Sticks & Stones May Break My Bones, But Abercrombie Clothes Will Never Fit Me

Abercrombie & Fitch ad

It has been more than a week since I was making a connecting flight in Minneapolis, I caught CNN and heard about Abercrombie & Fitch not making XL clothes for women. Since then I have seen followup stories and lots of social media posts on it.

My reaction didn’t seem to be reflected in social media much. I saw people talking about not being one of the cool kids if you can’t fit in AF clothes, people talking about girls & their (at times fragile) self-image. I saw lots of outrage directed at the company’s leadership. People saying they will never shop there.

What was (and still is) missing? For me I was missing a reality check… Actually several reality checks.

Is this really news?

I am not too sure how long AF has been at the mall, but I always knew they didn’t have clothes that fit me. Even as a thin high school student, my shoulders were too broad, my hips too wide.

So to me, the fact that they didn’t have clothes larger than a size 10 should not be considered news. My sister shared my disbelief that this was “news” and thought if parents of teens (like her) hadn’t noticed, maybe they were in part upset with themselves. And yet hundreds of stories have been done on the topic in the last week all expressing outrage over something that has been going on and talked about for years.

I know some people will point out the fact that the guy making such reprehensible comments about he only markets to cool kids, kids of a certain size (and I would add a family with a sizable income)…. Well that certainly makes it news. I guess this makes me wonder about the way people judge news value.

How many people were willing to put this into context as “news?” Not nearly enough. I find it amazing since I have a friend who’s family remains under siege in Syria. We have people doing incredible work in their communities, work that if it were more widely celebrated may be duplicated. And then we have this stuff….. This stuff that just doesn’t add any value but drives clicks on the Internet and ratings on TV. But make no mistake, these headlines are not written by journalists!

Who are the cool kids?

I feel safe in saying I was not one of the cool kids, especially if it was judged by name brand clothes. I may have occasionally thought I was one of the cool kids in school somewhere along the line, but I certainly had times where I doubted I could ever be cool. But more than anything, I think I am lucky because my mom tried hard to teach us that being “cool” isn’t the goal we should have.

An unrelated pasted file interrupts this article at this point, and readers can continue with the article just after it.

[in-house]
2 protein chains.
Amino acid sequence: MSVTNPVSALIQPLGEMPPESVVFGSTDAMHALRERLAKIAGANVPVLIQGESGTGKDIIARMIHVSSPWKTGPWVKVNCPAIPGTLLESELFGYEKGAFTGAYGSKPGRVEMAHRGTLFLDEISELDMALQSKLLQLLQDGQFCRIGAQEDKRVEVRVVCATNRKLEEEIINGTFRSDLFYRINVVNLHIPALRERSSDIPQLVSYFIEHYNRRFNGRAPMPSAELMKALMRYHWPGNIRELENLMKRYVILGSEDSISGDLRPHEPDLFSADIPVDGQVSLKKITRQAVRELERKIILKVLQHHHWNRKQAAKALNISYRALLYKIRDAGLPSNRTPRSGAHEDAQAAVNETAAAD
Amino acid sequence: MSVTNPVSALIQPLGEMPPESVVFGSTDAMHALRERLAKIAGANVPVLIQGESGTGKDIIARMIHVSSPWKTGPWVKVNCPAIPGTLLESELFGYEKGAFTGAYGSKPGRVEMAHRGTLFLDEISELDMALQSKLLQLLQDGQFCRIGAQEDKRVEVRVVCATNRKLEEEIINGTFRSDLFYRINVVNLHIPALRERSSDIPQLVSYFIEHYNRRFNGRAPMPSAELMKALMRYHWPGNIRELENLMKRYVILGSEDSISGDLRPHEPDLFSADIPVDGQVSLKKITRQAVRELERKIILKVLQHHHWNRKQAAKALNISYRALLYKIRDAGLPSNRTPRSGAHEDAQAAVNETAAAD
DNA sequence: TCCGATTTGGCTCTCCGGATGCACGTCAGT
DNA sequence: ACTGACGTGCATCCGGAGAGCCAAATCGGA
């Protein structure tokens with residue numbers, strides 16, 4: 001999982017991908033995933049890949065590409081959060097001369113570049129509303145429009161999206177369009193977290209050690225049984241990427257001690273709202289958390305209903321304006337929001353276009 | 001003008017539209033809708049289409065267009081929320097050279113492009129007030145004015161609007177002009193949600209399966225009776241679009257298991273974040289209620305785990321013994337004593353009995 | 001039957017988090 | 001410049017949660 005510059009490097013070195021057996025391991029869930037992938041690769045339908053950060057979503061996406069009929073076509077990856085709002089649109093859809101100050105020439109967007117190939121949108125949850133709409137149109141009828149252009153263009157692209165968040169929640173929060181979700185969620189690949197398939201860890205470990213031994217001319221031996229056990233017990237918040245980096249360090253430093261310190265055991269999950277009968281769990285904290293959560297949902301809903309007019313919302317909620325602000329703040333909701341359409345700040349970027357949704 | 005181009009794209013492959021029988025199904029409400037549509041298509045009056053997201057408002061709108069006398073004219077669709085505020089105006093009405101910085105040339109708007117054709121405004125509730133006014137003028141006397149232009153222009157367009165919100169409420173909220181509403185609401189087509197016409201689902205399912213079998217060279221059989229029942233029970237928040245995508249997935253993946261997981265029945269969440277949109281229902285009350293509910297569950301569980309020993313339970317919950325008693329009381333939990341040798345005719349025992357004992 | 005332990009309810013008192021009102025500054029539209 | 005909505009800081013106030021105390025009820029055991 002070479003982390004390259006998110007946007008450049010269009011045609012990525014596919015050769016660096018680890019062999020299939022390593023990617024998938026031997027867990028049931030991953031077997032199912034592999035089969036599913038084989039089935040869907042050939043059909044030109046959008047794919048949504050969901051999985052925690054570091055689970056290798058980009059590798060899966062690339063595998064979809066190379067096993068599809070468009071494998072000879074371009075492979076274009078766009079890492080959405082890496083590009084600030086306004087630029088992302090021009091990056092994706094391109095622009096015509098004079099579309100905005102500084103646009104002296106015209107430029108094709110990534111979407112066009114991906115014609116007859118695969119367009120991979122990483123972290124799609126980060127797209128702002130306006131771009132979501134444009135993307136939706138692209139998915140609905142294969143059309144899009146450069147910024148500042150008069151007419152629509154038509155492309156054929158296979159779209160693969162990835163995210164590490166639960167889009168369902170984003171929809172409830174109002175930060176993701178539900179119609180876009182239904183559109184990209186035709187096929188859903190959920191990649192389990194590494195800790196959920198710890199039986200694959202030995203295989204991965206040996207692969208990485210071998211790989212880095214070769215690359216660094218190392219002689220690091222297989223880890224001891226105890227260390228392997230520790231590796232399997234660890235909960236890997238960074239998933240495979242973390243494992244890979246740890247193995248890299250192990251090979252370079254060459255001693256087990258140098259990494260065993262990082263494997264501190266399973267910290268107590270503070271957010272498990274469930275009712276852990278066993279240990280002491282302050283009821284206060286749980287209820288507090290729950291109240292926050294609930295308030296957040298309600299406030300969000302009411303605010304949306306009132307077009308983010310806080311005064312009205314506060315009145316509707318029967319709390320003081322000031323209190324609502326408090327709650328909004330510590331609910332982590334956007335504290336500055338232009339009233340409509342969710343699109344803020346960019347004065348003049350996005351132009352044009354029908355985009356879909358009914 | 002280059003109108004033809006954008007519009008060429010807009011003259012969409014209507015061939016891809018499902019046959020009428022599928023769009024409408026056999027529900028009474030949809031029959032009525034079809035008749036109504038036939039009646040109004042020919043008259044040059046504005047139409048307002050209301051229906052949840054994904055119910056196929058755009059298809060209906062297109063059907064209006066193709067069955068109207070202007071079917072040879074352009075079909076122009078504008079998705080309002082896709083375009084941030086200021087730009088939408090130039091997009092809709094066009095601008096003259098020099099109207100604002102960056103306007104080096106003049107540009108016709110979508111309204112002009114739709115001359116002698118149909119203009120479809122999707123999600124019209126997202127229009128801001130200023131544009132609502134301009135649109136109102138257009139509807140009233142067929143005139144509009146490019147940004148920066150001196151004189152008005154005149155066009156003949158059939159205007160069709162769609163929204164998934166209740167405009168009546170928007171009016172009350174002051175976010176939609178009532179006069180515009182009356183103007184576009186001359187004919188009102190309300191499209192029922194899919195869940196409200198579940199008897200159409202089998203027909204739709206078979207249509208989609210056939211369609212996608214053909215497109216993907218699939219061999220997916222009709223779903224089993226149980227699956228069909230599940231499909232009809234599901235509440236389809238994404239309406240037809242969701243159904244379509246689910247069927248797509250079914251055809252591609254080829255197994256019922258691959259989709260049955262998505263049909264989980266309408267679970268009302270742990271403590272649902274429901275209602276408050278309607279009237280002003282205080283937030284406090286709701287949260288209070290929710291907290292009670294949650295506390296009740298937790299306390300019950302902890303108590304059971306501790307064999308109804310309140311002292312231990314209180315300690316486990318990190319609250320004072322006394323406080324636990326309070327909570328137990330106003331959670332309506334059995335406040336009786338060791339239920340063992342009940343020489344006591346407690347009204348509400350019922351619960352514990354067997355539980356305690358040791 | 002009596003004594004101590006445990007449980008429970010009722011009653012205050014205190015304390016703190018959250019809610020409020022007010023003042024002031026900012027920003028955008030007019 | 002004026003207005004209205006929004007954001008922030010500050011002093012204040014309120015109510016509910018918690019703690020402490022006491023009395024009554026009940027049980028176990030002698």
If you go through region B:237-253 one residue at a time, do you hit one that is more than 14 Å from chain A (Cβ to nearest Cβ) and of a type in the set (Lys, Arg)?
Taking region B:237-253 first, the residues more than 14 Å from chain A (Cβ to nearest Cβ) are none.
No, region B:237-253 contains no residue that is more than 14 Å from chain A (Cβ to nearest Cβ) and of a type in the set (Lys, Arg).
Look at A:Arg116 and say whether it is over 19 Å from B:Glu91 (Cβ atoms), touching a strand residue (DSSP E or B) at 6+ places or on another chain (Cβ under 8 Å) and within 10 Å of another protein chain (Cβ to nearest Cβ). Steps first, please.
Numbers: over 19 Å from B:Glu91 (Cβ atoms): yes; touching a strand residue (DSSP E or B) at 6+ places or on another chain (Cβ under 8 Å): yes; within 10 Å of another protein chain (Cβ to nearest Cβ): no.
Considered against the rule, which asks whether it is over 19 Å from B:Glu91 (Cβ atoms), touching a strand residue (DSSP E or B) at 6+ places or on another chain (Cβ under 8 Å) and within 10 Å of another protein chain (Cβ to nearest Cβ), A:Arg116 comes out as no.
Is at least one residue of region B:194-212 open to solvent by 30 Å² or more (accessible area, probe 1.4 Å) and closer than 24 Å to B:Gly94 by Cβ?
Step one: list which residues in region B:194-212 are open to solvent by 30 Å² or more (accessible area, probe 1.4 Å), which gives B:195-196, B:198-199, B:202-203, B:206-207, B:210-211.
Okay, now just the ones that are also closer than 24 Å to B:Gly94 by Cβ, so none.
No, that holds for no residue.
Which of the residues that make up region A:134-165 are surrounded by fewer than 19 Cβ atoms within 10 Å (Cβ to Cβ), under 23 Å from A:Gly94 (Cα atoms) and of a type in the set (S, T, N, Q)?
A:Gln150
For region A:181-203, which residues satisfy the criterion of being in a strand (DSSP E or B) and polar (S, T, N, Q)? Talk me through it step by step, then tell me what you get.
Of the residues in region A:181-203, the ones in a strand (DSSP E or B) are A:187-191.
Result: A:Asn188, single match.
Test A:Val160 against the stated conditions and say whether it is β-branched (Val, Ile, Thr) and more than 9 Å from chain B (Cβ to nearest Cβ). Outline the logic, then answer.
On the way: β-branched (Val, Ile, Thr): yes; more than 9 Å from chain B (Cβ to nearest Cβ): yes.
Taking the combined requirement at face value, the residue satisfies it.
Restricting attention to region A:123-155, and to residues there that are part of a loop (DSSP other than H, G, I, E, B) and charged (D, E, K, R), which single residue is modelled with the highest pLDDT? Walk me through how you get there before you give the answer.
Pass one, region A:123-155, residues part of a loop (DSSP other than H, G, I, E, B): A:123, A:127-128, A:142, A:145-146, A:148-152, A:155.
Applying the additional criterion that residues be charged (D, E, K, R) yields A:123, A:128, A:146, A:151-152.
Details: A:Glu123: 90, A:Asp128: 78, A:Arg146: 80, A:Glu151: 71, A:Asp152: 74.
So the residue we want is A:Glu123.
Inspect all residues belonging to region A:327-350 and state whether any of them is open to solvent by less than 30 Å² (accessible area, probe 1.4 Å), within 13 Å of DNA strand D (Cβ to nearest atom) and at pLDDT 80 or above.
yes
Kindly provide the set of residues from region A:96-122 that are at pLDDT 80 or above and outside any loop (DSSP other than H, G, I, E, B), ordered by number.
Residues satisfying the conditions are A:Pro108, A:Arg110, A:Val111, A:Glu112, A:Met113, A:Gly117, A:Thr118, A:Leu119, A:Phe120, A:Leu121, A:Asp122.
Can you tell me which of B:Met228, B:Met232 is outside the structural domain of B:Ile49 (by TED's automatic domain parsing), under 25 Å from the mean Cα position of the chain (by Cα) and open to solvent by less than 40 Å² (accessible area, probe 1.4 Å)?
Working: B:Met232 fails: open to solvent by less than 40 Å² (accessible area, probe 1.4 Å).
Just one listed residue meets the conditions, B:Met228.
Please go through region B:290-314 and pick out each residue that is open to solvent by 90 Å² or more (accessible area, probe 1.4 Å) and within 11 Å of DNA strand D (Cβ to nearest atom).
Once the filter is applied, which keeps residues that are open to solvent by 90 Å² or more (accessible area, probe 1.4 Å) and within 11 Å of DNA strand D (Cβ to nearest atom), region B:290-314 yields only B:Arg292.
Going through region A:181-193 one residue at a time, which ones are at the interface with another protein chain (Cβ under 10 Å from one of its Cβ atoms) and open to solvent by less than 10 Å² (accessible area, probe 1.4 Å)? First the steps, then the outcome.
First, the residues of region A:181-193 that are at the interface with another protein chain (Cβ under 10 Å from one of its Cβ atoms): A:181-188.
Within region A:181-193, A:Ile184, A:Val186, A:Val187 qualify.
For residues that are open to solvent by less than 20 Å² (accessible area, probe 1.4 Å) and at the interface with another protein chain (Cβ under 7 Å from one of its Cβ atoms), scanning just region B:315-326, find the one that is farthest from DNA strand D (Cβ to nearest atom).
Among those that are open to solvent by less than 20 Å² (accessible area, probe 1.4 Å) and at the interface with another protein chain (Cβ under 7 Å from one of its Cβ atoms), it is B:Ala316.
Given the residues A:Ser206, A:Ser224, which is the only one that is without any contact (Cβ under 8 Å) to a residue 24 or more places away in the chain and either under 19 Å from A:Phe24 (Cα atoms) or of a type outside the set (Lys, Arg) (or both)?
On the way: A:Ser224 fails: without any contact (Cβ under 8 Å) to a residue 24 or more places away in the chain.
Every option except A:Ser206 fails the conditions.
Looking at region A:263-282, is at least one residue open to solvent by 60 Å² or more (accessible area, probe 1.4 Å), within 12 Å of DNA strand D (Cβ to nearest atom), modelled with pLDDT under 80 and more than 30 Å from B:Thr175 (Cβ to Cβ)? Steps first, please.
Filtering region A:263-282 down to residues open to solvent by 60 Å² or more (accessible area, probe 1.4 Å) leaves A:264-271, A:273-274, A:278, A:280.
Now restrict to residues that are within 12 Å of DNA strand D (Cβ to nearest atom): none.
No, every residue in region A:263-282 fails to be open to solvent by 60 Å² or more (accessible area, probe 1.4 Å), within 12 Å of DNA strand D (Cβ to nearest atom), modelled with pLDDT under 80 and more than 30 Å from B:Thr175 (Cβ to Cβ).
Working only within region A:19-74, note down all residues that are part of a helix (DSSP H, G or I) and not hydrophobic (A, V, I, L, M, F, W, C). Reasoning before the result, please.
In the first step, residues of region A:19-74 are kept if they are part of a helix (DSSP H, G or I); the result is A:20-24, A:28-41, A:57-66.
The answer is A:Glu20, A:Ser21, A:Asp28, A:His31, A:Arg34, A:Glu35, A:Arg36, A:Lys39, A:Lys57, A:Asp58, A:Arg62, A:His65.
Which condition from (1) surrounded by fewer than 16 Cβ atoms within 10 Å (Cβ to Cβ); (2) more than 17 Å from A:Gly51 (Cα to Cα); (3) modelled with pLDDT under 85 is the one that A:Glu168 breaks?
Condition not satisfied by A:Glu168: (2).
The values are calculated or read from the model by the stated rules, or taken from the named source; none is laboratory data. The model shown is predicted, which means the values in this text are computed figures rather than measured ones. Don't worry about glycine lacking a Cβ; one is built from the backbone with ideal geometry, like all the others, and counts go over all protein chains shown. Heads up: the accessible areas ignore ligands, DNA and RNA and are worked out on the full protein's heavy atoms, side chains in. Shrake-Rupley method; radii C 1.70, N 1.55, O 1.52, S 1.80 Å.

Granted, we had moments where we may have forgotten, but I feel like my mom did a great job of helping me understand we all have communities – some wear name brand labels, some don’t; some included sports stars and cheerleaders; some may not;  but clothes and labels and titles weren’t the things that brought happiness to folks. And it still doesn’t.

Not Everything Fits Everyone

I have shopped at AF once. I remember the Christmas gift I was buying clearly. It was for someone who is far from materialistic and is incredibly generous. A friend had a certain cologne, it was the one thing on the Christmas list.

Clothes there don’t fit many of my family since we are mostly girls and most of us have not spent much of our lives in sizes 6 & 8. On the other hand, I have adult friends who are too small to buy many clothes in all the stores people like to shop in either. Yes, some of them still buy children’s clothes despite being in their 40s. It sucks and whether businesses choose to do it for marketing reasons and maybe they have jerks as CEOs but its the real world that businesses focus on specific market segments. It’s also the way the world works. Companies don’t make everything everyone would like. Is that news to anyone?

Expect Idiots to Say Dumb Things

I am sorry but in all of the talking and protest I’ve seen (and yes, it is still going on) I haven’t seen too many people just say you need to anticipate running into idiots and jerks in life. Sure, the CEO of Abercrombie and Fitch has a much more public forum and perhaps he can impact more people but come on.